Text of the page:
The iPhone app Touch Retouch performs the kind of stunning magic that first appeared in Adobe Photoshop only a few years ago. Adobe introduced this type of instant retouching based on pattern recognition under the name of Content Aware Fill. Now a similar technology is available for smartphone photography. You can also use the Clone Stamp tool to copy specific information from one part of an image to another, either to cover over an unwanted element or duplicate it.

With a little practice, you’ll start seeing photographs that you once might have ignored or passed by because of minor imperfections, which can now be convincingly removed in instants with the tap of your fingers. (It’s great for filling in the gaps in panoramic stitches too.)
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Read more about Touch Retouch on The Huffington Post.
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Find more iPhone resources here.
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You can use the app Liquid Scale to distort the frame of an image without distorting key elements in it. Like Adobe Photoshop’s Content Aware Scale, this software identifies image elements that are most likely to be more important than others and distorts other areas, typically areas that are smooth or randomly textured. There are limits to how far you can go before less distorted image elements begin to look unnatural, which are largely image dependent. In some cases, you can go so far as to convincingly turn a vertical image into a horizontal image. It’s magic.

This app will do more than change your images, it will change the way you see.

Read more and see more on The Huffington Post.

Plus find more app reviews.

As far as magic moments go, few can compare to those fleeting moments when light streams from the heavens or wraps around objects, as if making visible some some divine presence. Kings and priests would pay dearly for the ability to place such signs at their command. You can have it for the simple price of an app.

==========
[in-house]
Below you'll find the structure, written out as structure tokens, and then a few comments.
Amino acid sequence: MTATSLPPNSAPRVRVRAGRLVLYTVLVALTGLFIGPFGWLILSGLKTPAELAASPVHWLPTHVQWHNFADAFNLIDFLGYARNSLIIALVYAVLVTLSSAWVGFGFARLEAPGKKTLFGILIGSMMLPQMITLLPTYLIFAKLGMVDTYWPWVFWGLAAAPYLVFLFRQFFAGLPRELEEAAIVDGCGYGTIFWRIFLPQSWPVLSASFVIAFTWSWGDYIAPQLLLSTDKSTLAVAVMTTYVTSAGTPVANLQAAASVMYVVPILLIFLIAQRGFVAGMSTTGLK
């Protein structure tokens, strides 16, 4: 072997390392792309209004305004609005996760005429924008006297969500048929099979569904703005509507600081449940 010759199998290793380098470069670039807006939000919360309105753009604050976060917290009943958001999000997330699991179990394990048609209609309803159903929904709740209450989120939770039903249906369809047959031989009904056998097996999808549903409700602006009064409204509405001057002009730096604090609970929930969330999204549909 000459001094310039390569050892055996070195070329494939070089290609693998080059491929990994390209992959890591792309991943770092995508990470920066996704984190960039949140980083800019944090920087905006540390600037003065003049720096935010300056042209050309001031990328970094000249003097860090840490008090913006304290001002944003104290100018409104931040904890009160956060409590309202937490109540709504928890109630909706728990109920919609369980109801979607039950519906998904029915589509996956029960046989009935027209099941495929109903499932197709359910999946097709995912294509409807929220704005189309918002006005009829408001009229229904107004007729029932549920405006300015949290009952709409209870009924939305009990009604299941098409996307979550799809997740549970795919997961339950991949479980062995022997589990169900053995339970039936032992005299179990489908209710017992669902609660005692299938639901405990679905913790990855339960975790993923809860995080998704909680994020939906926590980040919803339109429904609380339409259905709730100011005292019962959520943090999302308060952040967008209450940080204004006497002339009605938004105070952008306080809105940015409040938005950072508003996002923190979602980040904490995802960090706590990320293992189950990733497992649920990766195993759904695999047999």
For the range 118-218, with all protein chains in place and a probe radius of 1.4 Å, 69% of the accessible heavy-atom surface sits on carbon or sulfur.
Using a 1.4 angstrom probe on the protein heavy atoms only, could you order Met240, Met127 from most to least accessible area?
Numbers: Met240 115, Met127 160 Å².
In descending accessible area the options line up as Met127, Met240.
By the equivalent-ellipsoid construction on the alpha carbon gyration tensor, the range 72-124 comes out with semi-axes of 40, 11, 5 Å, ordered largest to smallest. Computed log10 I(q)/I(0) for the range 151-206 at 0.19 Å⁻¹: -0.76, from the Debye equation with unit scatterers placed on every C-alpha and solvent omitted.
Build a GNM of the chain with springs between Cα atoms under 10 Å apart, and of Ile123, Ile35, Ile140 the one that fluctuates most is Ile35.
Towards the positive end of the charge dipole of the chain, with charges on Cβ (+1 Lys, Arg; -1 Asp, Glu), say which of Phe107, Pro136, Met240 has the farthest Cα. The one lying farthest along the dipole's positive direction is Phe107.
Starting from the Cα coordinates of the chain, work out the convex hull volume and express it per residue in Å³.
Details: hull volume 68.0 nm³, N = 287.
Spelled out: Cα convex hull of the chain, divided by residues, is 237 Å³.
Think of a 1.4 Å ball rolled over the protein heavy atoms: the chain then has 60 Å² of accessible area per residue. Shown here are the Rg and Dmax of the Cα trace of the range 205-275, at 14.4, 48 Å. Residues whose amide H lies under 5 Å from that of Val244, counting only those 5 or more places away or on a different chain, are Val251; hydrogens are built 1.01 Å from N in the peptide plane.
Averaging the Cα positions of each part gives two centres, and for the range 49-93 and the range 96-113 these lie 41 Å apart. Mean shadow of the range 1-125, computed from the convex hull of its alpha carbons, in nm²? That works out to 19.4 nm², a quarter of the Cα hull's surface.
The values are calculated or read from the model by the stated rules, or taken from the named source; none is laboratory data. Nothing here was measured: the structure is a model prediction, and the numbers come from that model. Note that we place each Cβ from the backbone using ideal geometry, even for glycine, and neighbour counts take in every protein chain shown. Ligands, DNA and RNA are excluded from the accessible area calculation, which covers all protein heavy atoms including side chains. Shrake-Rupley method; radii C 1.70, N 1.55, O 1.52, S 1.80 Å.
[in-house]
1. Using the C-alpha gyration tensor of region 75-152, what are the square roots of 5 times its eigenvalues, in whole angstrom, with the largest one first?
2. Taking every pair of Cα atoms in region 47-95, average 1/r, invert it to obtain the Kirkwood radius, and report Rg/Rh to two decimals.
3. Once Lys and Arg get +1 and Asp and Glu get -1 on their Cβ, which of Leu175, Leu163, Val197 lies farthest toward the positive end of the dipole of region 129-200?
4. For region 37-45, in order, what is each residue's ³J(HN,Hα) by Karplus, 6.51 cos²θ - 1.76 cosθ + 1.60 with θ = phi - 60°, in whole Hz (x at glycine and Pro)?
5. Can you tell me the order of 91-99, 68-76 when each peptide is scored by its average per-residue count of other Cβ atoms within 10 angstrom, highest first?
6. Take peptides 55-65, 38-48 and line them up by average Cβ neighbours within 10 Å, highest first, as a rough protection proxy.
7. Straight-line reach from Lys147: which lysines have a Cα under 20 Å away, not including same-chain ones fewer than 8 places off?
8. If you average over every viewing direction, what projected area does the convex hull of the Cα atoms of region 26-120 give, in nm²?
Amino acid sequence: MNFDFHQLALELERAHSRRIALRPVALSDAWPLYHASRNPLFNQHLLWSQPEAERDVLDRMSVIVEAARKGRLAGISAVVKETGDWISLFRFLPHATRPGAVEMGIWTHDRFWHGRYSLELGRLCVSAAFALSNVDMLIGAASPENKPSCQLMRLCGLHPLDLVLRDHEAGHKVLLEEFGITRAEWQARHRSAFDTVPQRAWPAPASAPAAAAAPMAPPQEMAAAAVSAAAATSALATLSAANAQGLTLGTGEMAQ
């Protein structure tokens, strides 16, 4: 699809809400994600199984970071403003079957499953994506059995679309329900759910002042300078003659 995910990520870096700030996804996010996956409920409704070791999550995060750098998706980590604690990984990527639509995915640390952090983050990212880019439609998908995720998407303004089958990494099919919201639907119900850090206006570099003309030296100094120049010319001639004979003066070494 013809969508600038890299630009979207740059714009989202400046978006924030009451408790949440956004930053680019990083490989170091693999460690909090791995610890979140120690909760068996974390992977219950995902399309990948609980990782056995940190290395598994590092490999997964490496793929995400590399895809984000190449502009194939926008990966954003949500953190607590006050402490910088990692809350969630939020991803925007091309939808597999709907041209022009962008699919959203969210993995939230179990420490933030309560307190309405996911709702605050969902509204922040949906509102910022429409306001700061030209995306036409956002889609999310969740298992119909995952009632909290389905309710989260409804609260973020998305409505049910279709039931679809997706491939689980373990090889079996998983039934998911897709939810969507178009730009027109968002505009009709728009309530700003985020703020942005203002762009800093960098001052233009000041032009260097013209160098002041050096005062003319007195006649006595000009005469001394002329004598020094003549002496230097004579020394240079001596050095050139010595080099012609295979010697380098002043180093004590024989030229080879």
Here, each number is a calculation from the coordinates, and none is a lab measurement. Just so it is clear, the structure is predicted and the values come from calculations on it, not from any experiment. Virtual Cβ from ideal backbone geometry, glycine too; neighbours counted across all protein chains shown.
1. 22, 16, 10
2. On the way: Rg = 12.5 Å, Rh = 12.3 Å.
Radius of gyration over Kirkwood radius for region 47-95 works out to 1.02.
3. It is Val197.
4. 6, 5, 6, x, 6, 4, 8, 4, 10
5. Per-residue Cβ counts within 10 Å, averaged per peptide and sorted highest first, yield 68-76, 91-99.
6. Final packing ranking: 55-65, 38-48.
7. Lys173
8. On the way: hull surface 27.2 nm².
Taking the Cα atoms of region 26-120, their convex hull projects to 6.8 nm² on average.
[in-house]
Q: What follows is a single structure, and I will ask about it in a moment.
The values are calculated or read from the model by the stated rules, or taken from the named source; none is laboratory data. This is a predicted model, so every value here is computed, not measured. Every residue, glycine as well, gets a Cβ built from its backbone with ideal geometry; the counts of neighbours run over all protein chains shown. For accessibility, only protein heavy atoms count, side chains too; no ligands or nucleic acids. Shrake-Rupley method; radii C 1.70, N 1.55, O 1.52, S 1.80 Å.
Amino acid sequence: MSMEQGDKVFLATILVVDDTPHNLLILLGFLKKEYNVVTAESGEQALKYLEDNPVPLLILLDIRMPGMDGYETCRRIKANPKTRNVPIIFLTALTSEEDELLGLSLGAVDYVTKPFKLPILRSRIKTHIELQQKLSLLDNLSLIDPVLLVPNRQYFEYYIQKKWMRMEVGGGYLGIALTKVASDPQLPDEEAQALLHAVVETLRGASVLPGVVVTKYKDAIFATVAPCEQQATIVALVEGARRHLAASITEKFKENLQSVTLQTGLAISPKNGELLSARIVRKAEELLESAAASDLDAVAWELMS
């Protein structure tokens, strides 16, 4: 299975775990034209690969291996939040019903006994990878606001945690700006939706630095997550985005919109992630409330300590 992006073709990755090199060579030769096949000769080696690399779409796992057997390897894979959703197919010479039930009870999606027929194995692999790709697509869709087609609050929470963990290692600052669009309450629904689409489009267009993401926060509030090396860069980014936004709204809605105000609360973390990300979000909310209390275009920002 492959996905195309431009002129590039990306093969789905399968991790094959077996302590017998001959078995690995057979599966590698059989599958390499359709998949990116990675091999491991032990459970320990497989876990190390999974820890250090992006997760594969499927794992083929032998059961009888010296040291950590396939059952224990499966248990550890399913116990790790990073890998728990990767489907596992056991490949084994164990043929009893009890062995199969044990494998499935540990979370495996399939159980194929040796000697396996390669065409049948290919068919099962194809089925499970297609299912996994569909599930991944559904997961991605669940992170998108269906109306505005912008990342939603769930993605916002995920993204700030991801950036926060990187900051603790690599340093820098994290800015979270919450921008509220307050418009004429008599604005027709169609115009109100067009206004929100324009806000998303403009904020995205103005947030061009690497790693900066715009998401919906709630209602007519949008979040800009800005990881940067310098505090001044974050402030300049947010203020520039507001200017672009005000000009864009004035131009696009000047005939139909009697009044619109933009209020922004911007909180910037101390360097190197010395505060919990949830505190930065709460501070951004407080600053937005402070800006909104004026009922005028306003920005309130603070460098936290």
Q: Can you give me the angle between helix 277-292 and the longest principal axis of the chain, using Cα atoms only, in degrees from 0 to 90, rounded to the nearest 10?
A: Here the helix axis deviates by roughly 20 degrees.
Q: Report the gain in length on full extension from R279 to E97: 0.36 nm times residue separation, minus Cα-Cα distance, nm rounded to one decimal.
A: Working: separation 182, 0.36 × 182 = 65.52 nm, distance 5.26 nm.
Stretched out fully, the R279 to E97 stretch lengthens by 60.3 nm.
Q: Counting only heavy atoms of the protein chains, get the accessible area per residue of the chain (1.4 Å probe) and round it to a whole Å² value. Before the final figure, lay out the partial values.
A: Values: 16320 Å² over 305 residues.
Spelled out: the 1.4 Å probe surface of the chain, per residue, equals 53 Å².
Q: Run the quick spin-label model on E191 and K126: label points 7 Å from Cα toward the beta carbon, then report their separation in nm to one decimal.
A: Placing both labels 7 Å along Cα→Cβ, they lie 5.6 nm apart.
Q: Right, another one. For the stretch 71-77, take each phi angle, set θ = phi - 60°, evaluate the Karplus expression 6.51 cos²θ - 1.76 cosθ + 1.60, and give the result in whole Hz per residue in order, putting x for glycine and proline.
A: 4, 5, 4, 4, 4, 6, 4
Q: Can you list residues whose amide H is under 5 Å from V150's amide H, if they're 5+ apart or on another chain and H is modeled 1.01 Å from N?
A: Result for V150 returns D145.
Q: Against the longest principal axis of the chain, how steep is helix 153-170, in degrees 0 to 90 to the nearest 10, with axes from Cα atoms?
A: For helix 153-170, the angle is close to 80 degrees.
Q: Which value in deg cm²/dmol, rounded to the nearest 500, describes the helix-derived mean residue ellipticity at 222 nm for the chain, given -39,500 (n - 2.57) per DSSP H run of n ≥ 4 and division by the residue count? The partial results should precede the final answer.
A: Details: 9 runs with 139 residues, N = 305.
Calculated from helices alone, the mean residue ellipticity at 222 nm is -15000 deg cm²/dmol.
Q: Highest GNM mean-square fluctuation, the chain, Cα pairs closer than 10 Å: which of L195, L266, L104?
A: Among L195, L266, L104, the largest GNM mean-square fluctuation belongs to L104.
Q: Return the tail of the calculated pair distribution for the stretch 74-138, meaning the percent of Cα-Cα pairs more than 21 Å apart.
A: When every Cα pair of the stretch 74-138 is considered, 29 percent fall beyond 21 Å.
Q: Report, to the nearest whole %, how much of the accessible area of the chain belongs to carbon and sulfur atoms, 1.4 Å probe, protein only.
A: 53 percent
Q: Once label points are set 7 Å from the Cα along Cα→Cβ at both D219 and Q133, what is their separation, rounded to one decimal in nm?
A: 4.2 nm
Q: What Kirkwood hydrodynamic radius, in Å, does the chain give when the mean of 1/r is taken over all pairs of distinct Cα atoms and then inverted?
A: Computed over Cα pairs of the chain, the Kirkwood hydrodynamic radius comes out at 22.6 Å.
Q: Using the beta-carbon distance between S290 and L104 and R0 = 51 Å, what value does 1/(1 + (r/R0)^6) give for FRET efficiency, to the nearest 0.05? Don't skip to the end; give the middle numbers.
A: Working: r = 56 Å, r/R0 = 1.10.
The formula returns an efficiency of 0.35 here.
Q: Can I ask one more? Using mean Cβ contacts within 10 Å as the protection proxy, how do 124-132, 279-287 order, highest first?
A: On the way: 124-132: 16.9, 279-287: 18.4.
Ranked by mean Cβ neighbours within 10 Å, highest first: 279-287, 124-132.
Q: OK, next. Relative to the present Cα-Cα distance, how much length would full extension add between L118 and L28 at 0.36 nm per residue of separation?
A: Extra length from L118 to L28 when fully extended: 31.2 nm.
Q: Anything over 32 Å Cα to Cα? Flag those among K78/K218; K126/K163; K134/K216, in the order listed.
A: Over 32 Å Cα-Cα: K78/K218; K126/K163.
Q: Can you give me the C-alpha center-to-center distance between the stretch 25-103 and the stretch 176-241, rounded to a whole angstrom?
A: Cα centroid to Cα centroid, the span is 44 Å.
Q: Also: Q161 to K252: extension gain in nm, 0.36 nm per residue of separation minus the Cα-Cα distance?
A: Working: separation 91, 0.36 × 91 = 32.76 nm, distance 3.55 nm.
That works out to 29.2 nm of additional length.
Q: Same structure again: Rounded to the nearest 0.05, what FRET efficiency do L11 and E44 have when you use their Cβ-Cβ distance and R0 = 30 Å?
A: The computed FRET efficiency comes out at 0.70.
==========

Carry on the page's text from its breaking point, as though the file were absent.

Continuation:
Rays identifies highlights within an image and uses them as sources to render rays of light from …

Read more here.

Plus find more app reviews.

When it comes to photography, you can do a lot with a little light. Adding light into your images offers many creative possibilities: add a sparkle to someone’s eyes, make highlights shine, enhance an atmospheric effect, trace a constellation in the sky, render a cinematic special effect, and much, much more. In short, you can enhance the center of attention in any image or create a new one.

Adding light into your photographs after exposure just got easier on your iPhone. Brain Fever Media makes two apps that can add light fx to your images: Lens Flare and Lens Light.

Lens Flare offers 45 different effects — mostly star patterns, some edge flares, and a few linear streaks.

Lens Light offers 54 different effects including rays, spotlights, streaks, scratches, and even suns, moons, and lightning.

Read more on The Huffington Post.

You’ll find a virtual pin-up board with links to 32 iphone photo apps I use regularly on Pinterest.

Find it here.

Read more about cell phone photography on the Huffington Post.